It is before then that the Commission has to intervene, say the companies that wrote last week's letters.

There are signs that their calls are being heard. On Tuesday, the environment committee of the European Parliament voted to withdraw some 1.4 billion allowances, about 15 percent of the total, from the carbon market between 2013 and 2020. At the same time, the committee said, the annual cap should be cut by 2.25 percent per year, rather than the 1.74 percent currently planned.

While the committee vote is the first step in a long process of changing the system and few industry watchers expect the figures to survive negotiations among EU states trying to protect their national industries, it caused carbon prices to jump more than 18 percent.

"It opens up a much deeper discussion about what does the intervention look like and when is it going to happen," says Sanjeev Kumar, an expert on carbon trading at environmental watchdog E3G in Brussels.

"Without intervention," warned Kumar, "not only the ETS is over, but Europe's climate policy is over. It will put Europe back into the dark ages."

Apart from failing to encourage the necessary cuts in emissions and technological innovation, the collapse in the carbon price could also worsen Europe's debt crisis.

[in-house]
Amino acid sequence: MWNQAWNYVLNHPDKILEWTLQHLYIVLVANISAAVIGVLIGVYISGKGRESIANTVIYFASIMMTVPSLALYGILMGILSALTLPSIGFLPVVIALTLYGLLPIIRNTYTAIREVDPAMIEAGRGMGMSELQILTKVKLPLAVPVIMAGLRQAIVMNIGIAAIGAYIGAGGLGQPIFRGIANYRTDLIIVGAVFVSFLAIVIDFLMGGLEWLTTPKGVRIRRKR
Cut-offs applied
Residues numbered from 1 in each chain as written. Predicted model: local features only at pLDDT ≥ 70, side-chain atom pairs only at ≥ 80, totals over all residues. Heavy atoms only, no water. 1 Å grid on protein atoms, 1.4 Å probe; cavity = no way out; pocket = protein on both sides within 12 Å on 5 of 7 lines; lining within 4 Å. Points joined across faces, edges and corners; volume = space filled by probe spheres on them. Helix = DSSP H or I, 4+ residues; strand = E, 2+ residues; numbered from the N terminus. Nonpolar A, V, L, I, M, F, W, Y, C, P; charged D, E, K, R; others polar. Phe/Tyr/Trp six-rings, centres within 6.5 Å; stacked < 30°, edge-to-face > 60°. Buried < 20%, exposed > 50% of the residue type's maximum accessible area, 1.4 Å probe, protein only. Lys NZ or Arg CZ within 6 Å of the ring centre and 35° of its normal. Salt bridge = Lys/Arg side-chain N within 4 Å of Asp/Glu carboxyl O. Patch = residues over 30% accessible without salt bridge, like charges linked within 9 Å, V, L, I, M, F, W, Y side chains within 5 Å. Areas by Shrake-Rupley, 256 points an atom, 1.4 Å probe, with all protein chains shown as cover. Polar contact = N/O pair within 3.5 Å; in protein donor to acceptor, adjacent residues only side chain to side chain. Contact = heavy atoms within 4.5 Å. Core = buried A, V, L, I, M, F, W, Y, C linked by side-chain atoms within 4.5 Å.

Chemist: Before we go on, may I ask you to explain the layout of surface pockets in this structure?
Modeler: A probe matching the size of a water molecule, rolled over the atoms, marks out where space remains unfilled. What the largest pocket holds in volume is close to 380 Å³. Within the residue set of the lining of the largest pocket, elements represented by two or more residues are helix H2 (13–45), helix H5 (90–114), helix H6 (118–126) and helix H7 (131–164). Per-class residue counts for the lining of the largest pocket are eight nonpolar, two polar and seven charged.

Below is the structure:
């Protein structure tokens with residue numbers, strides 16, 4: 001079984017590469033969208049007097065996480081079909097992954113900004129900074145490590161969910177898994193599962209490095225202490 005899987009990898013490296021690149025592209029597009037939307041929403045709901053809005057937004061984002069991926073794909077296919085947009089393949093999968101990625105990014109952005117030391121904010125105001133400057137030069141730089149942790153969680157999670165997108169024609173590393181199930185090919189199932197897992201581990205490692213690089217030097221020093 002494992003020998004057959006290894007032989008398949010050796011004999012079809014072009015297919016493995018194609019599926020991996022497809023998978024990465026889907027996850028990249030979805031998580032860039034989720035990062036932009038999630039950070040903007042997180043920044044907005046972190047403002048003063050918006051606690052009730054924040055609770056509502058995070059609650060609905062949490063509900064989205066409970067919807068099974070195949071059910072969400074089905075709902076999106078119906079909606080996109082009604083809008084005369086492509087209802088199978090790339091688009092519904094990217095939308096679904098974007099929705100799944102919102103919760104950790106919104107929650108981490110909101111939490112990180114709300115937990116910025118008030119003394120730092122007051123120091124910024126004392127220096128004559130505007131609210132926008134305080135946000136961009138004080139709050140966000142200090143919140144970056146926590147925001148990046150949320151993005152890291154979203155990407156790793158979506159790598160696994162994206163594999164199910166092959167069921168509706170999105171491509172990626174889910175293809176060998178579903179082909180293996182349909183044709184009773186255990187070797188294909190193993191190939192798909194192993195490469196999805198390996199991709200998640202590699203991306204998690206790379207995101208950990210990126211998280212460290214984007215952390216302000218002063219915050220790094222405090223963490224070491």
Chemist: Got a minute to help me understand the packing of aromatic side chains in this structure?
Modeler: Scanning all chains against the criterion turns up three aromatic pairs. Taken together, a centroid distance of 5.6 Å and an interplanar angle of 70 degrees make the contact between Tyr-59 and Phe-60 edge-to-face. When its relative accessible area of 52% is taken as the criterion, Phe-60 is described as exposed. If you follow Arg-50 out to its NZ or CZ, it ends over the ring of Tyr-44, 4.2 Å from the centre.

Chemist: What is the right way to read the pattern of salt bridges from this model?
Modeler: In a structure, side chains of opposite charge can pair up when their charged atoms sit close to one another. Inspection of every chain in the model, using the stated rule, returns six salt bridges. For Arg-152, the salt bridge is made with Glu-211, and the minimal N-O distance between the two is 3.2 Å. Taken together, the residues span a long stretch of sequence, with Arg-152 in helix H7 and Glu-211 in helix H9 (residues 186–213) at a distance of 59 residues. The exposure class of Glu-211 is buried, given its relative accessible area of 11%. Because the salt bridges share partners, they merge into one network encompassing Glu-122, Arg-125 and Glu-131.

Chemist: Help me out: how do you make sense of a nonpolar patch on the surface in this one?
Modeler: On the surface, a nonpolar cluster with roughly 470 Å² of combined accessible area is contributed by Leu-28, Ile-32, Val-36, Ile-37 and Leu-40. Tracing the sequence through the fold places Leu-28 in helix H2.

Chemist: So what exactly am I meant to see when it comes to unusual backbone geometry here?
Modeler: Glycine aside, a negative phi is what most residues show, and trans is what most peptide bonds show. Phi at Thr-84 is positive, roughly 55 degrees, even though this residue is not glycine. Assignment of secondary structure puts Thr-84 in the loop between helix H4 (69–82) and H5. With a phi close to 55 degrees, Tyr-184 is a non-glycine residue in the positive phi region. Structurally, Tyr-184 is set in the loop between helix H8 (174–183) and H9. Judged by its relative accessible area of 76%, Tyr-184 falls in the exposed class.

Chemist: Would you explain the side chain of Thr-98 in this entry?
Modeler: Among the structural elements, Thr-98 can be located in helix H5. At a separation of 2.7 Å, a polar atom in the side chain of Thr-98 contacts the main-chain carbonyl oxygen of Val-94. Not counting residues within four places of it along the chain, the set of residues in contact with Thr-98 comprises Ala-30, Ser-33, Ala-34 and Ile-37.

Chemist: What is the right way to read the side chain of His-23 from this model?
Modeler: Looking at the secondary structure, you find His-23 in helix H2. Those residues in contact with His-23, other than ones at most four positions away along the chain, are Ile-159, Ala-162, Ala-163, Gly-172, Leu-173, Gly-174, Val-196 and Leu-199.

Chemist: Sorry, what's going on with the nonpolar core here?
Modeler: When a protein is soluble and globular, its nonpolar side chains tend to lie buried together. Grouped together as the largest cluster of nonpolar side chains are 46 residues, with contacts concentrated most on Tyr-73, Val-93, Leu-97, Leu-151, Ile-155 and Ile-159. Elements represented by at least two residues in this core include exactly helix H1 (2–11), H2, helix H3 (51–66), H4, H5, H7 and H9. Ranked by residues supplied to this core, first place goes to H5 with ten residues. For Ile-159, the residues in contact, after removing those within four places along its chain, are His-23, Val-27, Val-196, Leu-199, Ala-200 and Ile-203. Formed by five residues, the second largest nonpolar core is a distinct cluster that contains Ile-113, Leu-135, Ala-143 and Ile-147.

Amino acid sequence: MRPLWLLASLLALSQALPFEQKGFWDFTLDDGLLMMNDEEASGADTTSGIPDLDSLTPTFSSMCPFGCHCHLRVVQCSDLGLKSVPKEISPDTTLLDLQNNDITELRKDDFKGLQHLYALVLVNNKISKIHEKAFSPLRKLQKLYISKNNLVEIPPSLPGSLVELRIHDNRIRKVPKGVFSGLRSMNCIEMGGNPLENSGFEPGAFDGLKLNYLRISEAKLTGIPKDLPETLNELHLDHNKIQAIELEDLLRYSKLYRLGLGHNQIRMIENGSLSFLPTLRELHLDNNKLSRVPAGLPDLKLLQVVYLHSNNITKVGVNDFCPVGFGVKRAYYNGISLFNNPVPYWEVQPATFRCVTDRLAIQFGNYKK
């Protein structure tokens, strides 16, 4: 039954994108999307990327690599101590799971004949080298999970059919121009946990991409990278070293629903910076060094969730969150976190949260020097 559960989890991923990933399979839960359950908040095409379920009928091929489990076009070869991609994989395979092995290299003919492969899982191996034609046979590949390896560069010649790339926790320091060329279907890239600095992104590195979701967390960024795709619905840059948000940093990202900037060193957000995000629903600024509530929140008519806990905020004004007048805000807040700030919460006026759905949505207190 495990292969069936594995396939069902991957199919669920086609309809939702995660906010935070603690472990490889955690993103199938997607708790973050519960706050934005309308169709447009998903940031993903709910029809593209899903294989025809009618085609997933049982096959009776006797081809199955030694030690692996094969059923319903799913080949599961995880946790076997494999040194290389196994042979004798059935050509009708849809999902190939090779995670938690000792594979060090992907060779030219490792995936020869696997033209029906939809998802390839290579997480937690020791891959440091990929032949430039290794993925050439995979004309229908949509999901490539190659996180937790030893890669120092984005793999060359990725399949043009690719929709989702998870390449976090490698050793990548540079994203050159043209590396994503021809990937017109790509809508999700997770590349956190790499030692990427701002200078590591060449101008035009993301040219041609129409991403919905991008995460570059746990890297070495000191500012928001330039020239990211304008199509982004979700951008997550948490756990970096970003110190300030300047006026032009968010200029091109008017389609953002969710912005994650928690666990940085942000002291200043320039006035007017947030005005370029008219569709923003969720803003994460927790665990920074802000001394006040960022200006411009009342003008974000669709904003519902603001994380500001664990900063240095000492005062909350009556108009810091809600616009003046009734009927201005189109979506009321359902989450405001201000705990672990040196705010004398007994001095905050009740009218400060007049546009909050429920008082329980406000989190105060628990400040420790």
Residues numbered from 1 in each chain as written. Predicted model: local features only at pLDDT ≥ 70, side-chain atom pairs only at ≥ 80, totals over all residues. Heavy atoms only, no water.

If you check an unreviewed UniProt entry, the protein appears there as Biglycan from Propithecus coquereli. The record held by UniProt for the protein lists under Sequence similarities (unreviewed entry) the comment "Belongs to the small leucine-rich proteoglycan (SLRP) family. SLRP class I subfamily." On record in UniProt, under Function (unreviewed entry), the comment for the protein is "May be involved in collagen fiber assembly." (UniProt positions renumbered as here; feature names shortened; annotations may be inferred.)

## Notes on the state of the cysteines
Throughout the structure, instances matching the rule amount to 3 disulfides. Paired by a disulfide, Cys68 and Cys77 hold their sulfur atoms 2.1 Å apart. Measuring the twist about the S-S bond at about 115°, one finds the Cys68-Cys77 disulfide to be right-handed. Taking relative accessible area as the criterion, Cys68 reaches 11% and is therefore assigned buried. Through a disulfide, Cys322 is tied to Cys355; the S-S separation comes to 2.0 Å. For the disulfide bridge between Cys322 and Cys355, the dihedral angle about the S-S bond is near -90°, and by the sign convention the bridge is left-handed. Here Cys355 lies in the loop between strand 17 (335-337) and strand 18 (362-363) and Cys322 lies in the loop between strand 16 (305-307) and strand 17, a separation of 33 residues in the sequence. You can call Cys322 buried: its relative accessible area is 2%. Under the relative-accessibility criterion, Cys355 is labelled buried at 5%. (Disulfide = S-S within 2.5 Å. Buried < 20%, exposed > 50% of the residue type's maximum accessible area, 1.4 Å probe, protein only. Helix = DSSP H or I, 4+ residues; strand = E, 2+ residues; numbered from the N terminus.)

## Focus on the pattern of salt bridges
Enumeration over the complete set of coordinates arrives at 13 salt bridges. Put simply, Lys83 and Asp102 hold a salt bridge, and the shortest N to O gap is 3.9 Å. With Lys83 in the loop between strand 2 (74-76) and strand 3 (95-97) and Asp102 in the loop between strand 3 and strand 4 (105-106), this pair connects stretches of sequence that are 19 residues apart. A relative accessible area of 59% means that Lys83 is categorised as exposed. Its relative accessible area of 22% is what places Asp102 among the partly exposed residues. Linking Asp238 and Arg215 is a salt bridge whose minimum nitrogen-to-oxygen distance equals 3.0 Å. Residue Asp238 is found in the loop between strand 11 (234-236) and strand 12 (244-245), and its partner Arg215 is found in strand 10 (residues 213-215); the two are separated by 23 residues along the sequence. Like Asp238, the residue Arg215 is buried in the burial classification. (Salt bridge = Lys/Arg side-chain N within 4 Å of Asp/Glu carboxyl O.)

Between 2013 and 2020, when companies have to pay for more and more of their allowances, the cap-and-tade system could raise as much as euro190 billion for governments across the EU if prices recover.

"This is a pretty important revenue stream for most member states," says Rob Elsworth, of climate campaign group Sandbag in London. "And they are watching revenues just disappear."

Experts like Kumar and Elsworth are hopeful that states will garner the political will to save the carbon trading system, which has pioneered the market-based approach to saving the environment.

"If you take away this green-economy narrative," asked Elsworth, "what's really left of Europe?"


Unsafe wind power

1,500 accidents and incidents on UK wind farms

The wind energy industry has admitted that 1,500 accidents and other incidents have taken place on wind farms over the past five years. The figures – released by RenewableUK, the industry's trade body – include four deaths and a further 300 injuries to workers.

The scale of incidents – equivalent to almost one a day – emerges following the publication of dramatic photographs showing one turbine which had crashed to the ground in a field near a road and another exploding into flames, caused by 150mph winds which buffeted Scotland and northern England last week.

Charles Anglin, RenewableUK's director of communications, stressed that last week's incidents were caused by "freak weather". The organisation said that no member of the public had ever been hurt as a result of a wind turbine accident.

A dossier of incidents, compiled by a campaign group opposed to wind farms, includes cases where blades, each weighing as much as 14 tonnes, have sheared off and crashed to the ground.

Residents living near a wind farm have reported sheltering in their homes when lumps of ice were thrown from blades from a 410-ft high turbine near Peterborough, Cambridgeshire.